4 Strategy as rational planning
4.1 Emergent strategy
In many organisations, strategic choices are made through a strategic planning process. A typical strategic planning process that draws on both markets and resource-based perspectives is sketched out in Figure 6.
This strategic planning process may be the preserve of a top team or a specialist strategic planning department. In smaller organisations the whole process may go on in the mind of one individual. In some organisations managers throughout the organisation will be involved in the strategic planning cycle.
While not denying that formal analysis and planning has a role, some writers on strategy have emphasised another view of strategy processes.
A number of writers on strategy (most notably Henry Mintzberg) have argued that the strategy process is often less ordered and planned than assumed above (Mintzberg, 1994). Mintzberg argued that strategy often emerges as a cumulative pattern of actions that is only retrospectively rationalised and organised as a plan. Especially where organisations face a turbulent, fast-changing environment, they may need to respond to events and information more quickly than a formal strategic planning cycle allows.
Burgelman (1994) carried out an in-depth case study of Intel's withdrawal from the memory chip (DRAM) market. His findings emphasised that this became a strategic plan only in retrospect. The decision to withdraw came about as an aggregation of many smaller decisions by managers as they moved resources away from this product group in response to market conditions. Burgelman emphasised the role of middle managers in making these decisions:
While Intel is widely regarded as one of the most innovative and adroitly managed high-technology firms, the DRAM exit story suggests that even extraordinarily capable and technically sophisticated top managers, such as Gordon Moore and Andy Grove, do not always have the foresight of the mythical Olympian CEO making strategy. Rational justification, emotional attachment, and bounded rationality, mixed with valid concerns about protecting a core technology of the firm, made it very difficult for Intel's top management to exit from DRAMs. At the same time, actions by some middle-level managers responding to external and internal selection pressures had already begun to dissolve the strategic context of DRAMs and undermine the reality of Intel, the memory company. Incremental shifts in the allocation of scarce manufacturing resources from DRAMs to microprocessors and technological trade-offs favouring microprocessors over DRAMs happened before the official corporate strategy was restated. The study of strategic business exit thus confirms that strategic actions often diverge from statements of strategy, that resource allocation and official strategy are not necessarily tightly linked, and that strategic actions of complex firms involve multiple levels of management simultaneously.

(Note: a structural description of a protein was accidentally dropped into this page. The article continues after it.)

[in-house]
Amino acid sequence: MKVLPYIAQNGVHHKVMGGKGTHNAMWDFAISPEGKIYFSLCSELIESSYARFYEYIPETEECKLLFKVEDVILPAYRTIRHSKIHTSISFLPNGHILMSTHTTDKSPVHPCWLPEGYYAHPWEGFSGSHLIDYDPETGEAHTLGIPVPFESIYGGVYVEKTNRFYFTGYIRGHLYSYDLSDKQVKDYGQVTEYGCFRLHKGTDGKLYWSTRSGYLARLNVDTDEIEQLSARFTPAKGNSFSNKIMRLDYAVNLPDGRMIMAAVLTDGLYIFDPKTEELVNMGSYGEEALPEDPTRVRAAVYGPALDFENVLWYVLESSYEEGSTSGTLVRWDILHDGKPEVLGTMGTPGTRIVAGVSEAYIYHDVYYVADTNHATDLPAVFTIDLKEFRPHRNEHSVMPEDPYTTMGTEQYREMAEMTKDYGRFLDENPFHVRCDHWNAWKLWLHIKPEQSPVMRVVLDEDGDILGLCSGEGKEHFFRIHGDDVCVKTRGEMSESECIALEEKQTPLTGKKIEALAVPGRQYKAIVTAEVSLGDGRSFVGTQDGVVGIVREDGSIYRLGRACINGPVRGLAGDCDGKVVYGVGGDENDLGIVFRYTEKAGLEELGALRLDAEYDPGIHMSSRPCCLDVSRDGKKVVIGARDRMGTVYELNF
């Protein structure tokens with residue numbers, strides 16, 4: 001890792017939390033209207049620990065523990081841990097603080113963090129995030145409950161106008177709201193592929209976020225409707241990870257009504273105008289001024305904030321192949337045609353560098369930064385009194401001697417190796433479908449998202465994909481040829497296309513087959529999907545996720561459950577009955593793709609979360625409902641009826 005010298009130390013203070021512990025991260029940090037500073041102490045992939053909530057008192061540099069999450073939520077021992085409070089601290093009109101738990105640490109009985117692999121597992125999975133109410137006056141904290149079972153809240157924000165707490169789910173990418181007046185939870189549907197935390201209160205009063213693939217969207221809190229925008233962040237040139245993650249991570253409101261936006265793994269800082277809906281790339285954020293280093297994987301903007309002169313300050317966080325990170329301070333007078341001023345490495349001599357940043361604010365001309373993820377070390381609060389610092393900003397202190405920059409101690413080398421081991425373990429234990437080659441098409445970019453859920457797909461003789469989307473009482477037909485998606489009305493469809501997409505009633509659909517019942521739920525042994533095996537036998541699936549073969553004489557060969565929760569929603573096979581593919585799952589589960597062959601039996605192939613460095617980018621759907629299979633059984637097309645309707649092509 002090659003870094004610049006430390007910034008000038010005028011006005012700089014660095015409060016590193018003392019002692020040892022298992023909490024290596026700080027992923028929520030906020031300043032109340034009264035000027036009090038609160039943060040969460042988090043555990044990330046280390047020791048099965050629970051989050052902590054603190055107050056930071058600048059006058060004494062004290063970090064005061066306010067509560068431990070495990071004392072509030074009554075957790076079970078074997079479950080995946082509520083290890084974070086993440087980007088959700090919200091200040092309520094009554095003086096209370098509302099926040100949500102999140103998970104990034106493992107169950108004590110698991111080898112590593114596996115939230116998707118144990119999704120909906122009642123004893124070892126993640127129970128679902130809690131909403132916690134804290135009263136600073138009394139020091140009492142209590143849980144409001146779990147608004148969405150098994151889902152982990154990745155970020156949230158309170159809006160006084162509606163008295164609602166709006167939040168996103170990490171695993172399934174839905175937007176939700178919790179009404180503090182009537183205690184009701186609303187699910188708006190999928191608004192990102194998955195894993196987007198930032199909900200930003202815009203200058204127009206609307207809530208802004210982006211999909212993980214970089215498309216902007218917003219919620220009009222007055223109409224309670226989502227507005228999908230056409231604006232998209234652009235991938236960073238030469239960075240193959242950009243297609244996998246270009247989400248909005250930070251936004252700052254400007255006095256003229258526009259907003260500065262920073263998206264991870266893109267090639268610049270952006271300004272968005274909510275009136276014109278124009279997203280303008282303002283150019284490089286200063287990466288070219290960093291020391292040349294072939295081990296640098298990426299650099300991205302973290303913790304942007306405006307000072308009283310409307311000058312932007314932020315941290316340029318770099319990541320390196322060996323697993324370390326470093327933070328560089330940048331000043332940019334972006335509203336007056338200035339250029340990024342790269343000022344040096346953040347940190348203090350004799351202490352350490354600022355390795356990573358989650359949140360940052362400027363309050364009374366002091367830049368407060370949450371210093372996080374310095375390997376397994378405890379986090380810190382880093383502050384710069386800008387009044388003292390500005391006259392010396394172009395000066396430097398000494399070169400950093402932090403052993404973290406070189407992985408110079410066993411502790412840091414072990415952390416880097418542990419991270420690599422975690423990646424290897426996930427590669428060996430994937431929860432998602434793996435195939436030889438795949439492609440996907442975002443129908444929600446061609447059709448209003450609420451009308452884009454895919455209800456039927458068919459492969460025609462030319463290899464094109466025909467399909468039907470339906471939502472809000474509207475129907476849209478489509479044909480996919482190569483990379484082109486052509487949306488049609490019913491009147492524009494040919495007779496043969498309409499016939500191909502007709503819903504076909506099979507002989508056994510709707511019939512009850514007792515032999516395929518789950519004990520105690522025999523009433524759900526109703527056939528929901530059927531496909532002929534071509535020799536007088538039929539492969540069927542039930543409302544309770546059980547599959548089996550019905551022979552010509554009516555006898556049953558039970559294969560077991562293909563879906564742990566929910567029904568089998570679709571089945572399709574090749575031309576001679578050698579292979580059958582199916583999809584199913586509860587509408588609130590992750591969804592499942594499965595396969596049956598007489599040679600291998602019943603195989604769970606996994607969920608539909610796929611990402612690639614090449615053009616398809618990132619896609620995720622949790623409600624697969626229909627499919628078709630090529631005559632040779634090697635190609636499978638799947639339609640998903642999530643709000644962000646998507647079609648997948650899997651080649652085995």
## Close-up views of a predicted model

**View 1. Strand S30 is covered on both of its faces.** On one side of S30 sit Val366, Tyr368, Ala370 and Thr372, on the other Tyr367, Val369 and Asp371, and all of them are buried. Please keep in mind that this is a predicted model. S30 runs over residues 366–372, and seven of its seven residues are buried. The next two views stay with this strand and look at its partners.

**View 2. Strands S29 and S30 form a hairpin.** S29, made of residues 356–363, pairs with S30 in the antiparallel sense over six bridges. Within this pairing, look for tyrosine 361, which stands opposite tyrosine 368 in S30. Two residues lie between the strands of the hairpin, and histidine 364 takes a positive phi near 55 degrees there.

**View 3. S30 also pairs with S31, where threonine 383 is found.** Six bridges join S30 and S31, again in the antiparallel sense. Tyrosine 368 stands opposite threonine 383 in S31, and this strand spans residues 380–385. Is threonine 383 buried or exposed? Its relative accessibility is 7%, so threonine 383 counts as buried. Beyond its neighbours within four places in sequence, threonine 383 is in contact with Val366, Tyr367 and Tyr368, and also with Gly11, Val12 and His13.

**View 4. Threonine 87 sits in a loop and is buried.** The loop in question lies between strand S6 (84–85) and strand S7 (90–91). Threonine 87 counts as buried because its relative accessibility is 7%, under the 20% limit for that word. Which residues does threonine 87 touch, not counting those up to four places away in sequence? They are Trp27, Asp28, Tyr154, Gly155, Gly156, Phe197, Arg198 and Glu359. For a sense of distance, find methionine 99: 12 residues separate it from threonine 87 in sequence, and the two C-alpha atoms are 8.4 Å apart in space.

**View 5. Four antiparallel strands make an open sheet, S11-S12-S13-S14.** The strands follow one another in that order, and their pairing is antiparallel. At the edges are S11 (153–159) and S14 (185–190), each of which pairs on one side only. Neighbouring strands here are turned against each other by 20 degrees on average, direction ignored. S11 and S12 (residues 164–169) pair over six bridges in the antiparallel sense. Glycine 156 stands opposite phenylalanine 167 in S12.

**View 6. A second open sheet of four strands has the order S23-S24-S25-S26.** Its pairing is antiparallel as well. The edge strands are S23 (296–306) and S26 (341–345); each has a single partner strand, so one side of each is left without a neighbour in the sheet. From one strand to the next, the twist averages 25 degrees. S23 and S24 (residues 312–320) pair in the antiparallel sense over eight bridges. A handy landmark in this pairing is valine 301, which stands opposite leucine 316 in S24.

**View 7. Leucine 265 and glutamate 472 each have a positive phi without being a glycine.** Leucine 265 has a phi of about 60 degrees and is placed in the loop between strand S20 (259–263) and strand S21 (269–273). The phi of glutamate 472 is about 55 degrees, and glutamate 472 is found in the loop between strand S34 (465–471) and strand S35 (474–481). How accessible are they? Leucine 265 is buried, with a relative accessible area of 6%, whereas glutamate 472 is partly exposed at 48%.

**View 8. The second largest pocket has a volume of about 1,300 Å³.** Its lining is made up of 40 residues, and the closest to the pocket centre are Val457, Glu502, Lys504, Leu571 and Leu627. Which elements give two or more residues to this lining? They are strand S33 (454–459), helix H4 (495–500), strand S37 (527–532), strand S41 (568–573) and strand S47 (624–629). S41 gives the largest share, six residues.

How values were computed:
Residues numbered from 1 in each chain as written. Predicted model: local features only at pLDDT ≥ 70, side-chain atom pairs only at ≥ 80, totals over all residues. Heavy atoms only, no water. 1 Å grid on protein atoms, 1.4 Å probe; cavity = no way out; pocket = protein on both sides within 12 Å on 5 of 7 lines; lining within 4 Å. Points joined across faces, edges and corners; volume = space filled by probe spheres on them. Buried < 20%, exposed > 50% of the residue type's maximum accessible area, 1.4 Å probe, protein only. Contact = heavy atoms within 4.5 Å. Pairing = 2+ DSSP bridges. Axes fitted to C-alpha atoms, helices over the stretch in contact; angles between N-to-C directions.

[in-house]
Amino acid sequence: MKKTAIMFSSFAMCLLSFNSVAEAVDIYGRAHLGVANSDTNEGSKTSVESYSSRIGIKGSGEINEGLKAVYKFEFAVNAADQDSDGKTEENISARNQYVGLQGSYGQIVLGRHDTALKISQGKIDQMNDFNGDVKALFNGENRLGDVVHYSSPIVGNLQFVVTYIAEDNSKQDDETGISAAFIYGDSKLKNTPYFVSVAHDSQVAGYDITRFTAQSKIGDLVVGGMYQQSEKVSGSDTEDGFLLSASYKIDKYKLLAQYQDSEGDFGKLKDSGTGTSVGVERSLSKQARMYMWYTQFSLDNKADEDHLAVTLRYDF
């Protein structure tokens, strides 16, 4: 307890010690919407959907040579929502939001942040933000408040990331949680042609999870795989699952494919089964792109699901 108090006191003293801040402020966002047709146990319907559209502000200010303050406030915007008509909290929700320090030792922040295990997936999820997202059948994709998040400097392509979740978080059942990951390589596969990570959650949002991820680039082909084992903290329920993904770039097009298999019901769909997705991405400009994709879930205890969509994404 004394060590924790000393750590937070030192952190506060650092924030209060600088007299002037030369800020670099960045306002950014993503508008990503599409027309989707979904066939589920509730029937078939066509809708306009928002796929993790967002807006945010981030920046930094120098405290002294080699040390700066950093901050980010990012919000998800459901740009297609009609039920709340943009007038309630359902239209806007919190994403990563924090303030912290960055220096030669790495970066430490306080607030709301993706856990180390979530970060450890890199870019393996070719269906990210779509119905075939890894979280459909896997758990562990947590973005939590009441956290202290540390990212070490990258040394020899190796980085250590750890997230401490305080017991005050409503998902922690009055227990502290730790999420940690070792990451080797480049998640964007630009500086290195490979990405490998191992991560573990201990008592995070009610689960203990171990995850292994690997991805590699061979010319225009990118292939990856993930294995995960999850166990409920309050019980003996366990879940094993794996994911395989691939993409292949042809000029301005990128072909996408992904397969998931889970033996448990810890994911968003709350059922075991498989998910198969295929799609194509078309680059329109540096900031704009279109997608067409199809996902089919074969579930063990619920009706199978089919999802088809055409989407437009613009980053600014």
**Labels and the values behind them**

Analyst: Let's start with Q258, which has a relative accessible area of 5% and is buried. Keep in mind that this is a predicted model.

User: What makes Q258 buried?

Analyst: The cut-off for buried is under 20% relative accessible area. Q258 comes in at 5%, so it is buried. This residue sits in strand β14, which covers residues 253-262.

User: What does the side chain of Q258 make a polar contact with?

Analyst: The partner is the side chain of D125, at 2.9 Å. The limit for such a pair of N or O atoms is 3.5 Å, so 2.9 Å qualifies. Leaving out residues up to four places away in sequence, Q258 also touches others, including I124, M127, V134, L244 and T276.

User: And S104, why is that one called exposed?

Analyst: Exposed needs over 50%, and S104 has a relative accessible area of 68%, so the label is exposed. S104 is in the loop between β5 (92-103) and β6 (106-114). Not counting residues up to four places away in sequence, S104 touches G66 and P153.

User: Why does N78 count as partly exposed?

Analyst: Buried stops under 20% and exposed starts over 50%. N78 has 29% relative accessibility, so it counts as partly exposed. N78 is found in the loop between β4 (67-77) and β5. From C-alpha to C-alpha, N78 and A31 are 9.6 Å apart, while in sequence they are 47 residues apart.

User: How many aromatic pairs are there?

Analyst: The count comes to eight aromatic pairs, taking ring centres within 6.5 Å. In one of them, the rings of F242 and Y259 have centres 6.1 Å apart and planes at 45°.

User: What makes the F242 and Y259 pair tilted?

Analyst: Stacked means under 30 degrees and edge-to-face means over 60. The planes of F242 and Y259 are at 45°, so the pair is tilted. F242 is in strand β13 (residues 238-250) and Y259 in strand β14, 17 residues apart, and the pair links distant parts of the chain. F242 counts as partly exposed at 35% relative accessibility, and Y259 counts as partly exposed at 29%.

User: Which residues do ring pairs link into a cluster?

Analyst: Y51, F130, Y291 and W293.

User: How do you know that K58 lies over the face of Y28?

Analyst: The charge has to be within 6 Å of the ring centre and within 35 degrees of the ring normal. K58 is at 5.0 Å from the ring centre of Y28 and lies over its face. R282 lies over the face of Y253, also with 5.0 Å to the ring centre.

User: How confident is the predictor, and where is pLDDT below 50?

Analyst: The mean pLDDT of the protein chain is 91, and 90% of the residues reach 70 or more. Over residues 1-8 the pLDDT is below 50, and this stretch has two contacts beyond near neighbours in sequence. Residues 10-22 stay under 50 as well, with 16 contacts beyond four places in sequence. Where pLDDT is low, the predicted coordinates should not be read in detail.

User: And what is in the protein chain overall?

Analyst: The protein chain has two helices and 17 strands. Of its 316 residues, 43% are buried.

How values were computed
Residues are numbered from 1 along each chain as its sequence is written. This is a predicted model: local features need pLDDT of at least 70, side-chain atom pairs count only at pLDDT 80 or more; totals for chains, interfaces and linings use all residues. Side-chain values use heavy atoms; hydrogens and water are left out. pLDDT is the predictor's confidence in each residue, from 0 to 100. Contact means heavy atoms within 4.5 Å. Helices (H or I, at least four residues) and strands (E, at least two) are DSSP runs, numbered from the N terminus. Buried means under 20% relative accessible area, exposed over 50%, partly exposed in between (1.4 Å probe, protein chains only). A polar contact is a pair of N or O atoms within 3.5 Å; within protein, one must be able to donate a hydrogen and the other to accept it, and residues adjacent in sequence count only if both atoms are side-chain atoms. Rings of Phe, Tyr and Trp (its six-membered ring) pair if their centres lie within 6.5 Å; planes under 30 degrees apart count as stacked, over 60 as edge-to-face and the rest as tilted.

An important point here is that emergent strategy should not be equated with lack of management. It may reflect organisational systems and routines that enable the organisation to respond quickly and flexibly to threats and opportunities. Planned and emergent strategy may also co-exist, as illustrated in Figure 7. Emergent strategy and intended strategy both affect the organisational resource allocation process. The pattern of actions that emerges is the actual strategy of the organisation.